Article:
Nov 22, 2015
For longline sable fishers in the Gulf of Alaska, there are few omens of doom more chilling than the enormous shadow of a whale approaching their boat. That’s because in the past several years, male sperm whales, the lone wolves of the ocean, have been behaving strangely. They have been teaming up to hunt fish right off fishers’ hooks, and every year more whales are coming to eat from the fishing line buffet, leading some scientists to speculate that they’re somehow communicating about the richness of the hunting ground and sharing tips. How do they recognize this thing that’s become the dinner bell?” asks Russ Andrews, a marine biologist with SEASWAP. To answer the question, Aaron Thode, a marine mammal acoustic specialist at Scripps Institution of Oceanography at UC San Diego, set up passive listening devices on moorings to see if the whales or the boats were making unique noises when the lines were reeled in. What they discovered was that the sound of the bubbles created by the revving of the propellers as the boat sped up and slowed down during the line-reeling process was calling the whales.

Los Angeles Times
Nov 22, 2015
Although many Californians hope forecasts of a "Godzilla" El Niño will deliver drought-busting rains this winter, mention of the mysterious climate phenomenon inspires dread in much of the world. Periodic warming of the Pacific Ocean has occurred for thousands of years, but only recently have scientists come to appreciate its global reach, or even recognize its telltale signs. In its simplest sense, El Niño's effects are like placing a large stone in a shallow river, according to David Pierce, a climate researcher at Scripps Institution of Oceanography at UC San Diego. "It causes ripples that run far downstream," he said.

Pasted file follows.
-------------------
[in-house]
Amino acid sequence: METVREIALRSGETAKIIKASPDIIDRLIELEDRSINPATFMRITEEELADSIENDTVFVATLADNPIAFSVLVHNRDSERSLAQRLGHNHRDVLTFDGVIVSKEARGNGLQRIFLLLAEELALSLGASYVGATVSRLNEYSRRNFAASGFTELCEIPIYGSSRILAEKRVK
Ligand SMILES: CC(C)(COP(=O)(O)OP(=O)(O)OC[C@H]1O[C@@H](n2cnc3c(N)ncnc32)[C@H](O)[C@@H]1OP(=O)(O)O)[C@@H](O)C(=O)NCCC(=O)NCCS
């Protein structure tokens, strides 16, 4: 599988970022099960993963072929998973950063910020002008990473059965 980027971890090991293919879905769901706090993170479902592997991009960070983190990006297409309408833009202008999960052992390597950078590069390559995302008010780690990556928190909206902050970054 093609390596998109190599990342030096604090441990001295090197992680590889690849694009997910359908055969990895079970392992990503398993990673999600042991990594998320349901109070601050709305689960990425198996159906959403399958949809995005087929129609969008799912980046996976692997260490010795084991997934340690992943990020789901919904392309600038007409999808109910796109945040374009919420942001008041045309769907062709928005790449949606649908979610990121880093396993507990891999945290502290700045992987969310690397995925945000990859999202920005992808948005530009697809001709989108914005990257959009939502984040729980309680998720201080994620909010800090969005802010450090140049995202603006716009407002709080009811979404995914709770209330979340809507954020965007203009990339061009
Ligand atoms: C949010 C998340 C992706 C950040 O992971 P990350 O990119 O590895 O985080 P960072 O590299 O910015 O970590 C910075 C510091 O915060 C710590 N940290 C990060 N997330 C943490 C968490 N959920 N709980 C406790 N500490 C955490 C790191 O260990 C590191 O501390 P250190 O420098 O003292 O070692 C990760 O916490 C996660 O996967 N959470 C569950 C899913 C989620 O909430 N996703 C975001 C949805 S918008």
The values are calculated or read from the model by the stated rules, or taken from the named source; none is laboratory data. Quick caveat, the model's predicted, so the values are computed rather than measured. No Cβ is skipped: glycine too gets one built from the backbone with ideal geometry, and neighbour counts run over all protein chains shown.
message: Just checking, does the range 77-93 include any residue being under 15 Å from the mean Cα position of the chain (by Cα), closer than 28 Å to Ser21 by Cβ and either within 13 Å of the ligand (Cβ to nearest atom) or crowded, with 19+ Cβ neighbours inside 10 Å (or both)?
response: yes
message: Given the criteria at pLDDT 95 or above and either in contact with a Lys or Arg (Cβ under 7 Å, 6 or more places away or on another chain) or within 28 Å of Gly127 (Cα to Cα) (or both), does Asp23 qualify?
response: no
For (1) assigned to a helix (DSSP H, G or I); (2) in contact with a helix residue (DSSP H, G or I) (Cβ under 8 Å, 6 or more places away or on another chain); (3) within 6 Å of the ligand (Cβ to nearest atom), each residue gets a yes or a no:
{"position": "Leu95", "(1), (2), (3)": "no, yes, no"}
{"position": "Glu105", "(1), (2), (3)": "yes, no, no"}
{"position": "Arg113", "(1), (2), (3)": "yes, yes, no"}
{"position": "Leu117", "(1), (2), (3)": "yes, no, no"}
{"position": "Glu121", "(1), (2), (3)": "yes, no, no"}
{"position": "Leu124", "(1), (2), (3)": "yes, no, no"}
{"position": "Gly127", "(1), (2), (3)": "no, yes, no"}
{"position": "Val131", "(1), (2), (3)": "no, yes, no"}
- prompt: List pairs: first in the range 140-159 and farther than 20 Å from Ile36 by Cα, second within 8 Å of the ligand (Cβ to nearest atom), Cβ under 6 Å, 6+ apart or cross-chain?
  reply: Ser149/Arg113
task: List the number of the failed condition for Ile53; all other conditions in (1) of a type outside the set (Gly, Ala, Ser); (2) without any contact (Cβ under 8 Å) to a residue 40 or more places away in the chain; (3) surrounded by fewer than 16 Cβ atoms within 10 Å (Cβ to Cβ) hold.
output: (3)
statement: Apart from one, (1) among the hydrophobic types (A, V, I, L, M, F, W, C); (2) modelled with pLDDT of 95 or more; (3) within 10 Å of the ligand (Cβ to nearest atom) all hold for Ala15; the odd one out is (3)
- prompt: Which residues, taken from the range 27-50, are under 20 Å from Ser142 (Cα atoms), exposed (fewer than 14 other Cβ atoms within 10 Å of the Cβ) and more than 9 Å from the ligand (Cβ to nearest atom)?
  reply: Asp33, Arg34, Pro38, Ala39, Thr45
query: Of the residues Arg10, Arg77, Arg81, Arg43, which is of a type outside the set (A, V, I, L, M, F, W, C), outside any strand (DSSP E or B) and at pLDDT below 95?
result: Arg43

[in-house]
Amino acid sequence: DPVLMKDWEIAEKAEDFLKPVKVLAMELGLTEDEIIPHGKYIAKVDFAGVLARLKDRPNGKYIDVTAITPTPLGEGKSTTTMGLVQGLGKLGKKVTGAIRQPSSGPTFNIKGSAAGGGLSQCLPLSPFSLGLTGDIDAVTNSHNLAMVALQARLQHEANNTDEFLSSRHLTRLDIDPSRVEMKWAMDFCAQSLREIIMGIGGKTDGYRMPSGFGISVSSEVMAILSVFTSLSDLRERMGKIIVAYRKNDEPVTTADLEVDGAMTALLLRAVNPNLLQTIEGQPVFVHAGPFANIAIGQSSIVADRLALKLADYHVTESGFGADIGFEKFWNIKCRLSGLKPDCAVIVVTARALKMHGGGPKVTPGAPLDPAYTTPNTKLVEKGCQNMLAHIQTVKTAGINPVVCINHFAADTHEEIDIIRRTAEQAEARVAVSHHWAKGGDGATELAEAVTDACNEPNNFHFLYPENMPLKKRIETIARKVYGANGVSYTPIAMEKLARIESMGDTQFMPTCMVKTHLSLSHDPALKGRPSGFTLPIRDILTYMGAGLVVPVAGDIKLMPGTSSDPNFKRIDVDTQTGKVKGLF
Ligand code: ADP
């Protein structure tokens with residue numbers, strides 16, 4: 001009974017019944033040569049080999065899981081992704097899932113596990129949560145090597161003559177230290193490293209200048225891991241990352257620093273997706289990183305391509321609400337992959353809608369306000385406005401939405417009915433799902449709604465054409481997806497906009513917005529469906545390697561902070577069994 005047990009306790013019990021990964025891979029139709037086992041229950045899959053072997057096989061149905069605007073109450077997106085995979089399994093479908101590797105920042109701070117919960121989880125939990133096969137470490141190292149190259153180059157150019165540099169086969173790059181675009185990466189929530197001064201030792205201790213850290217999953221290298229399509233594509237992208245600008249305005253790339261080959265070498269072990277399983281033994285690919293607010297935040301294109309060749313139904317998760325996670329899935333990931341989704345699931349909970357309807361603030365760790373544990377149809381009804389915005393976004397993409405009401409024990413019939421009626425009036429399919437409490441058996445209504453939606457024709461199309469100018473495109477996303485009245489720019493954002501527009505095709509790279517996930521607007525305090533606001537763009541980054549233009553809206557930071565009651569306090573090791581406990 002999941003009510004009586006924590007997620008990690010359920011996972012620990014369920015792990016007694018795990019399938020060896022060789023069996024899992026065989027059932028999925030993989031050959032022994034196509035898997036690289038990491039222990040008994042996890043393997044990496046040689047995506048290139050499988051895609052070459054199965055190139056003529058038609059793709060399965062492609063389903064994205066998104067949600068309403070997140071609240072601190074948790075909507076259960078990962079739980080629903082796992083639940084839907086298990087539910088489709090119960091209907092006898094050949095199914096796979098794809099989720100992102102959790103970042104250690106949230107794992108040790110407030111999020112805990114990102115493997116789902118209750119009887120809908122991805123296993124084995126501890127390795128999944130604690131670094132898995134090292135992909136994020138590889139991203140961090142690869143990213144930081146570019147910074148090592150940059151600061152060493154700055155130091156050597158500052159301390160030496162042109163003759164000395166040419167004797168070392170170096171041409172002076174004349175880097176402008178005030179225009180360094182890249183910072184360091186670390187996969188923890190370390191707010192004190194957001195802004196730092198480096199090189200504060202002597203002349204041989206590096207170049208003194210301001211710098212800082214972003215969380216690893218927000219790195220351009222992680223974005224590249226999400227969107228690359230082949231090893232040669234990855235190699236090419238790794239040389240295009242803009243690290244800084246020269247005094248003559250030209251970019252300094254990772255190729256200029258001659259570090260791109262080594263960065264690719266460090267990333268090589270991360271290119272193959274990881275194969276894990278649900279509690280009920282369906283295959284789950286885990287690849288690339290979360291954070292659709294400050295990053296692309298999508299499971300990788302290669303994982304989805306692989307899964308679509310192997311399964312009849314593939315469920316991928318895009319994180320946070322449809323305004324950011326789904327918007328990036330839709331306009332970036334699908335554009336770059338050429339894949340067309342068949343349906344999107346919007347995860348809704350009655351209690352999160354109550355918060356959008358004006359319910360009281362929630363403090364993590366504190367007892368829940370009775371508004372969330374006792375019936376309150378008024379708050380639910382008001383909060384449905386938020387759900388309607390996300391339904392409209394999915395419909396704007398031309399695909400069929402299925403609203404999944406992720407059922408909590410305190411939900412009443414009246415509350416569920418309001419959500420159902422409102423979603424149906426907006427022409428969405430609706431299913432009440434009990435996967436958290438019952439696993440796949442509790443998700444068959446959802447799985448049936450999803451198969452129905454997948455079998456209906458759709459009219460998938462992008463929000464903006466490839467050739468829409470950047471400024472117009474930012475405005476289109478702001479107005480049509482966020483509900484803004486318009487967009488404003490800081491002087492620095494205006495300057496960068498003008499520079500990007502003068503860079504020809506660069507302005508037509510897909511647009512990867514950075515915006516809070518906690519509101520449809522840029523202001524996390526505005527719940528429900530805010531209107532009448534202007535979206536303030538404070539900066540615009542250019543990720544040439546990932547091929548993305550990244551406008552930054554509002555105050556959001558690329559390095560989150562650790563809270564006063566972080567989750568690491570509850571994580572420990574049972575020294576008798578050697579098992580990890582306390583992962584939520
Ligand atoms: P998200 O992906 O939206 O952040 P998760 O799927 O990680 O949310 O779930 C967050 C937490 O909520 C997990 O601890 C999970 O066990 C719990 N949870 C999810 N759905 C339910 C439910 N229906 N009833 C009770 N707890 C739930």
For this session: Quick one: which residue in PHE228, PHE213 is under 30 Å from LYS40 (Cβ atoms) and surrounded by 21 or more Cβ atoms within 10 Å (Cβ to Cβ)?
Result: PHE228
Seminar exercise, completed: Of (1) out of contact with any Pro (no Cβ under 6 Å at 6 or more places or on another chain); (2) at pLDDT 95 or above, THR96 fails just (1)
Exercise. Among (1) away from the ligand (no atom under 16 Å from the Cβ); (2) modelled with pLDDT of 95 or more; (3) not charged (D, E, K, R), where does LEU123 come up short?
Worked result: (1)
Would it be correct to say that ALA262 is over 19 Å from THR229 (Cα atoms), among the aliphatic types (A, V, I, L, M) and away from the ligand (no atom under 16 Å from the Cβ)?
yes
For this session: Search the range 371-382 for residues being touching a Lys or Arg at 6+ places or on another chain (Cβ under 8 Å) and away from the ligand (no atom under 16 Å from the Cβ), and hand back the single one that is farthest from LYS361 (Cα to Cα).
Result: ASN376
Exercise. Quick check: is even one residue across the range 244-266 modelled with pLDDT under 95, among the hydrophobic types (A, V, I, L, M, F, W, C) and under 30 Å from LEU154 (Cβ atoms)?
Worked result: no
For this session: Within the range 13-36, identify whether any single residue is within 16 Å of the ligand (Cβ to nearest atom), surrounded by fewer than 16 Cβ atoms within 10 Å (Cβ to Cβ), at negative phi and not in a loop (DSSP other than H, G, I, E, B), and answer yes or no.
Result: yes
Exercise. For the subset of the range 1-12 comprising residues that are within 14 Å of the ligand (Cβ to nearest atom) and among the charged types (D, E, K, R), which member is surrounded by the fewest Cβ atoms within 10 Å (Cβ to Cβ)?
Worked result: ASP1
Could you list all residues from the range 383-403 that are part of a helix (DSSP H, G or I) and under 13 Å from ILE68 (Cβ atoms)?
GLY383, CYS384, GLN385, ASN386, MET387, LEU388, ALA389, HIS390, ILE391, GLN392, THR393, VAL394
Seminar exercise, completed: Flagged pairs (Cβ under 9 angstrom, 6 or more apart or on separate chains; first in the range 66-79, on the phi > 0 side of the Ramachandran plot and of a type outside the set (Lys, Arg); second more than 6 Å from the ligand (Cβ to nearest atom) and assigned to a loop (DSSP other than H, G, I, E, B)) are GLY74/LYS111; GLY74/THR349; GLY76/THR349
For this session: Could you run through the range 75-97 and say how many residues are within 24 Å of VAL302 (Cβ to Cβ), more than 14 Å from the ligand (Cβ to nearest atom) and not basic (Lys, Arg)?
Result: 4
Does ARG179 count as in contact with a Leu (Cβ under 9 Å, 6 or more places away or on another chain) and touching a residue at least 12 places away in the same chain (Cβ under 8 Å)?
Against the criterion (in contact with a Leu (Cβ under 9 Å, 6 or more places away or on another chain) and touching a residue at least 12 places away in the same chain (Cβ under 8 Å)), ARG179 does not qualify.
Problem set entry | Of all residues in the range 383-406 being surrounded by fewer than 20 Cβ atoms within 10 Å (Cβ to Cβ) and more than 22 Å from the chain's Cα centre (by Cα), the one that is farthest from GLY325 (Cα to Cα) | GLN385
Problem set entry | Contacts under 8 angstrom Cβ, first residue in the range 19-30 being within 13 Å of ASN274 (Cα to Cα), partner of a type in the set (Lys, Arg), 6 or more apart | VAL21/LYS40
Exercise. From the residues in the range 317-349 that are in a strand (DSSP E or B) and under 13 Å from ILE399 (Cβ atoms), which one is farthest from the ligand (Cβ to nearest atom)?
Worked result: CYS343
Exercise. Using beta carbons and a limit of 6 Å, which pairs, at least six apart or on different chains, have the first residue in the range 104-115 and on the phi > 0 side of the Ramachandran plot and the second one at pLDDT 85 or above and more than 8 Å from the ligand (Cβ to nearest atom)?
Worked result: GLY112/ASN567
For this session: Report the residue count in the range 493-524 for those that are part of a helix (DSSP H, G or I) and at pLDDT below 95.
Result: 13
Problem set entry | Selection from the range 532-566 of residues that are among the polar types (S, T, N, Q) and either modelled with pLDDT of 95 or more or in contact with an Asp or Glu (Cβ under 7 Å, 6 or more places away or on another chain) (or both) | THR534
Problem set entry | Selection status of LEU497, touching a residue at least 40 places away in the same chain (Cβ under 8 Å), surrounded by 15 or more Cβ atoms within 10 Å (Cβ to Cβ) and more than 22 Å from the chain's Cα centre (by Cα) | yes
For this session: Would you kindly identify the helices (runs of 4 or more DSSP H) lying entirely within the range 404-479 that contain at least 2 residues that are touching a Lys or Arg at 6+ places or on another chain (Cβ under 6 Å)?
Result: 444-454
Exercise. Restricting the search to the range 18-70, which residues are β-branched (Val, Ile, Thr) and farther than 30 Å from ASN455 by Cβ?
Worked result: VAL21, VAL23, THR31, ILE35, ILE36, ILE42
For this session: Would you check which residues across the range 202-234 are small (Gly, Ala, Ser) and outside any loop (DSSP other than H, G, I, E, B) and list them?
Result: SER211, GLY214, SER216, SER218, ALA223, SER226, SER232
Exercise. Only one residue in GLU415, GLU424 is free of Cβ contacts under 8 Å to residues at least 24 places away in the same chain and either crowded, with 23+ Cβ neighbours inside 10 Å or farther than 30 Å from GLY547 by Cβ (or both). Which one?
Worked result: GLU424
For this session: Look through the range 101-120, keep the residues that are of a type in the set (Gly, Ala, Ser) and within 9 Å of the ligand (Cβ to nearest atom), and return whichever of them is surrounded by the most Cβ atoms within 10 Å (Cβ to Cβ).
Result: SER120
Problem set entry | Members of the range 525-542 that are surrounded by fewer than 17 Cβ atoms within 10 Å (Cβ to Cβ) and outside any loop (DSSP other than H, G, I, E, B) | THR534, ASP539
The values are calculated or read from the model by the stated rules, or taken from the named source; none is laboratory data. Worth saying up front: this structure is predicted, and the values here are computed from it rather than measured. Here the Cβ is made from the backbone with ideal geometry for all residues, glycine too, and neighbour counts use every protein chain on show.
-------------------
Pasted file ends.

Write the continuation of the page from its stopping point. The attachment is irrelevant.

The San Diego Union-Tribune
Nov 20, 2015
It’s not just El Niño coming to town. That was the theme of a public discussion hosted this week by UC San Diego’s Scripps Institution of Oceanography in La Jolla, with in-house researchers and guest speakers from organizations such as the National Weather Service. Scientists have warned that one of the most powerful El Niño systems in recorded history could pummel Southern California well into the spring. "It’s been a strange two years, a very strange two years,” said Dan Rudnick, an oceanographer at Scripps. “This El Niño is happening on top of the strange stuff we’ve had since 2014.”